The stock market is changing, says Jim Cramer. And investors need to change, too.
"The bull is dead, long live the bull," Jim Cramer shouted to his Mad Money viewers Thursday. The stock market is pivoting, he said, and you need to pivot with it, whether you like it or not.
The lesson of this stock market is simple. When the Federal Reserve is aggressively raising rates, two things are true. First, whatever has been working, isn't going to work anymore. Second, everything that hasn't been working just got a new lease on life.
Case in point, Amazon (AMZN) – Get Amazon.com, Inc. Report, the tech bellwether that's down 5% for the year, despite still posting great earnings. You can learn a lot about a stock by what happens after it reports. If the numbers are great, but investors just don't care, that's a problem for a $1.6 trillion company.
Compare that to stocks like Eli Lilly (LLY) – Get Eli Lilly and Company Report or Conagra Brands (CAG) – Get Conagra Brands, Inc. Report or Church & Dwight (CHD) – Get Church & Dwight Co., Inc. Report. These are all recession-proof names, and the market is eating them up, even if the earnings aren't that spectacular.
There were only two tech names that Cramer felt were worth considering, Alphabet (GOOGL) – Get Alphabet Inc. Class A Report and Meta (FB) – Get Meta Platforms Inc. Class A Report. Businesses depend on Google in good times and in bad, he said, and as for Meta, nobody knows how to copy the best features from everyone as well as Facebook.
So while you may still want to hold onto those formerly red-hot tech names, do yourself a favor, go buy some Target (TGT) – Get Target Corporation Report, which was up 5.6% today, proving once again why it's an essential retailer.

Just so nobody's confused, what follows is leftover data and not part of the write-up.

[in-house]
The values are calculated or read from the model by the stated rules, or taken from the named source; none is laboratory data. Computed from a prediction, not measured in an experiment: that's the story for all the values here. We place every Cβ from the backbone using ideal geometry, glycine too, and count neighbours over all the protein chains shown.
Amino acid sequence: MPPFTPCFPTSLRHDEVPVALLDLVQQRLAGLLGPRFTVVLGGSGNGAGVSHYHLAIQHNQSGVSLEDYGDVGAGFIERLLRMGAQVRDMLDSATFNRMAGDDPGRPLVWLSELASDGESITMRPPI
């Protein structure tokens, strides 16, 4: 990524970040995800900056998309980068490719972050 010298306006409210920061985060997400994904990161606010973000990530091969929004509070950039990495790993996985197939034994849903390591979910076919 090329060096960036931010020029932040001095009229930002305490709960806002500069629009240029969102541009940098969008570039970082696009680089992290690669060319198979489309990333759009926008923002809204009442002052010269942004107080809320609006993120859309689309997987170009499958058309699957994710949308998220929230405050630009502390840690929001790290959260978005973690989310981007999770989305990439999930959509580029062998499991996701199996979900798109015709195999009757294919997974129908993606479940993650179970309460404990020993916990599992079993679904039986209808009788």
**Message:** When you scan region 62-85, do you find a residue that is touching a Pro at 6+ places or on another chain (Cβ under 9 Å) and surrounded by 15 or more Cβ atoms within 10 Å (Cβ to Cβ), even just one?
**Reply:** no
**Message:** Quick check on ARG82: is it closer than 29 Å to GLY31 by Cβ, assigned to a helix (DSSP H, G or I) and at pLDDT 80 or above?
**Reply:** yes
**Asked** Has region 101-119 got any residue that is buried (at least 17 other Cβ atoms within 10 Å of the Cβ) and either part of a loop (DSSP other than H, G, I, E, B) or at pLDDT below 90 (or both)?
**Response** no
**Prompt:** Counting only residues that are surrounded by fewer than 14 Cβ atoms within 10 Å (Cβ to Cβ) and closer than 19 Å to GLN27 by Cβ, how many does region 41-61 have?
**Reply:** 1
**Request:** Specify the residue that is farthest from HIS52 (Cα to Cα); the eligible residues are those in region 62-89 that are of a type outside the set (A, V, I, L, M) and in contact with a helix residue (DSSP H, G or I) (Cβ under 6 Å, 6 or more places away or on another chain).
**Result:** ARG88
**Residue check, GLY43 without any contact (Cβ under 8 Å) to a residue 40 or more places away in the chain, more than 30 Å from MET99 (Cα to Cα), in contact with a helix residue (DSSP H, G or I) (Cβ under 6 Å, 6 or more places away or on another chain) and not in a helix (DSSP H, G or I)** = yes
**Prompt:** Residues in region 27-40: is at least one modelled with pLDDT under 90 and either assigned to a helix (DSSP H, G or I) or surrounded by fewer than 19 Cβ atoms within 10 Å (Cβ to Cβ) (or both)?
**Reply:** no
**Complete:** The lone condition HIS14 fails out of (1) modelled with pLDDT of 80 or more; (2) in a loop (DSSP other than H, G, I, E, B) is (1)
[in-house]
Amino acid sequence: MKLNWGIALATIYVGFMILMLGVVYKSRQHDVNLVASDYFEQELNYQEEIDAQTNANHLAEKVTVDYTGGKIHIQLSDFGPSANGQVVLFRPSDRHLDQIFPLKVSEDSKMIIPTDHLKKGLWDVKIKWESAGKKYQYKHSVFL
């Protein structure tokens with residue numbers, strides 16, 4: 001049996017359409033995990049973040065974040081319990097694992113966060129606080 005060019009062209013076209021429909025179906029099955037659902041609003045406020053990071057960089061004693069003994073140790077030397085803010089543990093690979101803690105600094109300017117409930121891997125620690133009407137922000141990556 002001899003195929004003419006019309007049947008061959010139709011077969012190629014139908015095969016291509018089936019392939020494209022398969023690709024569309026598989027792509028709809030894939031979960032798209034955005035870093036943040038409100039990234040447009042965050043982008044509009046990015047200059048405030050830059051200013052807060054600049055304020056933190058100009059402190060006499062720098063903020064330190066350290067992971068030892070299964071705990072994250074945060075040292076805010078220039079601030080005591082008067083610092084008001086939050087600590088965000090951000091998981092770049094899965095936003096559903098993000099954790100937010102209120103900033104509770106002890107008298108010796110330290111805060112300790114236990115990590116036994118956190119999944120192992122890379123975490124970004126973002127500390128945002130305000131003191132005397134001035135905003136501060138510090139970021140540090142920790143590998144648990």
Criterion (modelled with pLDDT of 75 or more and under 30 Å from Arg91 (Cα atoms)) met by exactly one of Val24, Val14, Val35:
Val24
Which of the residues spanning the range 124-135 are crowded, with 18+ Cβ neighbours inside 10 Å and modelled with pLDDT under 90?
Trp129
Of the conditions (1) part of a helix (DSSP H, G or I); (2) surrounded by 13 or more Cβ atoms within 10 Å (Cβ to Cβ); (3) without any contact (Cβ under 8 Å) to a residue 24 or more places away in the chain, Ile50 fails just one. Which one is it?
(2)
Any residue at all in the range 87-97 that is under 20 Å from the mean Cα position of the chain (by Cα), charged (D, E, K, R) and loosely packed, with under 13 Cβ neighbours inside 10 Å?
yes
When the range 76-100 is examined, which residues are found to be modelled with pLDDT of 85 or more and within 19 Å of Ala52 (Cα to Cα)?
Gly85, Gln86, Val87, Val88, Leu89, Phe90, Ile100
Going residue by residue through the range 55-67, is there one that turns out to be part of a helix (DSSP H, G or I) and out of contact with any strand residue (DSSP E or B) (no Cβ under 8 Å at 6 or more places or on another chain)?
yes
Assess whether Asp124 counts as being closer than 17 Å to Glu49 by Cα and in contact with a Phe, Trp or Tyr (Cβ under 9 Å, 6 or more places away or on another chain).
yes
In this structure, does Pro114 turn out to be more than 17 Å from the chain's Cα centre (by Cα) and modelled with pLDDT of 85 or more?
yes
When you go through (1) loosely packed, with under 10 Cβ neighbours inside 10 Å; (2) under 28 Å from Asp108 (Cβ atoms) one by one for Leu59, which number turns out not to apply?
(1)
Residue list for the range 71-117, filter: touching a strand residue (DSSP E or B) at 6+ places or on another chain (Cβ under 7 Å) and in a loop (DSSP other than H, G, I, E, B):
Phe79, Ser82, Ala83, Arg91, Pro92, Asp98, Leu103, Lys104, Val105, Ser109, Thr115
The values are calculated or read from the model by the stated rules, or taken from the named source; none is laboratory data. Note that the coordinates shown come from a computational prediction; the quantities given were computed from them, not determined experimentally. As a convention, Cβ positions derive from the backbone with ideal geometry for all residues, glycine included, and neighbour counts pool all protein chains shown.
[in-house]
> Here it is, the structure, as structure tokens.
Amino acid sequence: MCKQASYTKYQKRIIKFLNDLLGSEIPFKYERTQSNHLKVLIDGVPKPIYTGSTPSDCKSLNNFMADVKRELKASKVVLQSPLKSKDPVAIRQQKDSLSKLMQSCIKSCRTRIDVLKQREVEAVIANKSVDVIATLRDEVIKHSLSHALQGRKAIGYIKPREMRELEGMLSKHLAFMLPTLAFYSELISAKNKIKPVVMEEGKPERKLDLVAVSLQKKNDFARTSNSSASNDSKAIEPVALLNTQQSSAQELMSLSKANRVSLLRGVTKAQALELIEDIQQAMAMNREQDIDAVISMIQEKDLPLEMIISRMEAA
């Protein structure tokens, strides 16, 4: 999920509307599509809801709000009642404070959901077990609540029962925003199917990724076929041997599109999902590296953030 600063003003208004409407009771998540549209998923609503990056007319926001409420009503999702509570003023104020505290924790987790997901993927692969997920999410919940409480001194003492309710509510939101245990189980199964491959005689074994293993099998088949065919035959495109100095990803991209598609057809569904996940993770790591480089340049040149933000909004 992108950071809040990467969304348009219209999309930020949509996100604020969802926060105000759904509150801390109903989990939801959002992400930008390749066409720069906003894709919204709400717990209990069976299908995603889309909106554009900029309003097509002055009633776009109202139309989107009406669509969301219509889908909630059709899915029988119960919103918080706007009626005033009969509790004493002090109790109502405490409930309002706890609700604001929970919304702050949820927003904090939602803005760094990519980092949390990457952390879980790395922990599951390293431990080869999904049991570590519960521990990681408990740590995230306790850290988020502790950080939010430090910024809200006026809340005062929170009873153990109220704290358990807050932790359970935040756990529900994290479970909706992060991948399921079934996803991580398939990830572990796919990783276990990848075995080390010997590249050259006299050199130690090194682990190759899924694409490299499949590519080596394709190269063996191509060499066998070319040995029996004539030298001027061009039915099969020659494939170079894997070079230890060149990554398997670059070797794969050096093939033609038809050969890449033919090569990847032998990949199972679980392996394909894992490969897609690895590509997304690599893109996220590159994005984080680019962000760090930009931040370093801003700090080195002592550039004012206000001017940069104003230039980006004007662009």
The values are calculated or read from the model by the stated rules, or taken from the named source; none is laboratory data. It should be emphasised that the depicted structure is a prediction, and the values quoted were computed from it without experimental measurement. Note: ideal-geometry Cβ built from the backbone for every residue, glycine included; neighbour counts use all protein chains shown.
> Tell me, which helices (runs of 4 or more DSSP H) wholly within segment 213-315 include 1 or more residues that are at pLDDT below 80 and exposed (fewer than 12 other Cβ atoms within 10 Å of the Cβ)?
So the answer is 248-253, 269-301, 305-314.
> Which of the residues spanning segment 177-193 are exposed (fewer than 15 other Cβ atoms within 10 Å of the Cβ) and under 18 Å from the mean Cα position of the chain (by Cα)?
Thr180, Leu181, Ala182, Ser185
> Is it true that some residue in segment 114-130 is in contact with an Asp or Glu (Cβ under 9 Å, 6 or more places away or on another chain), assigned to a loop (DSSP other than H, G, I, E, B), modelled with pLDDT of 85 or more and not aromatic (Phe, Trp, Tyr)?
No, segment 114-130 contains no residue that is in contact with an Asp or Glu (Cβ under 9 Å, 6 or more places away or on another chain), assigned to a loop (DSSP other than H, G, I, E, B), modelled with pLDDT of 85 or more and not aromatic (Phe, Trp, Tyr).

In his first "Executive Decision" segment, Cramer sat down with Cory Barry, CEO of Best Buy (BBY) – Get Best Buy Co., Inc. Report, the electronics retailer with shares that trade for just 10 times earnings.
Barry said that Best Buy's purpose is to enrich the lives of their customers through technology. That's not just a tagline, she added. Every Best Buy associate wants to help their customers accomplish things using technology.
Best Buy has low employee turnover, a fact that Barry credited to competitive pay, comprehensive benefits and career paths for every associate. "Your work has to matter," she said.
When asked about continued growth, Barry explained that the pandemic has created some permanent consumer behaviors. People are spending more time at home. They're streaming more content, playing more games and cooking a lot more at home.
The future of work is hybrid, Barry added. That means that not only do you need a setup at home and at the office, those setups need to work together and need to constantly be upgraded with new technology as it arrives.
Barry touted Best Buy's new "Total Tech" membership, which provides tech support for all of the gadgets in your home, and added benefits for those purchased at Best Buy, all for just $199 a year.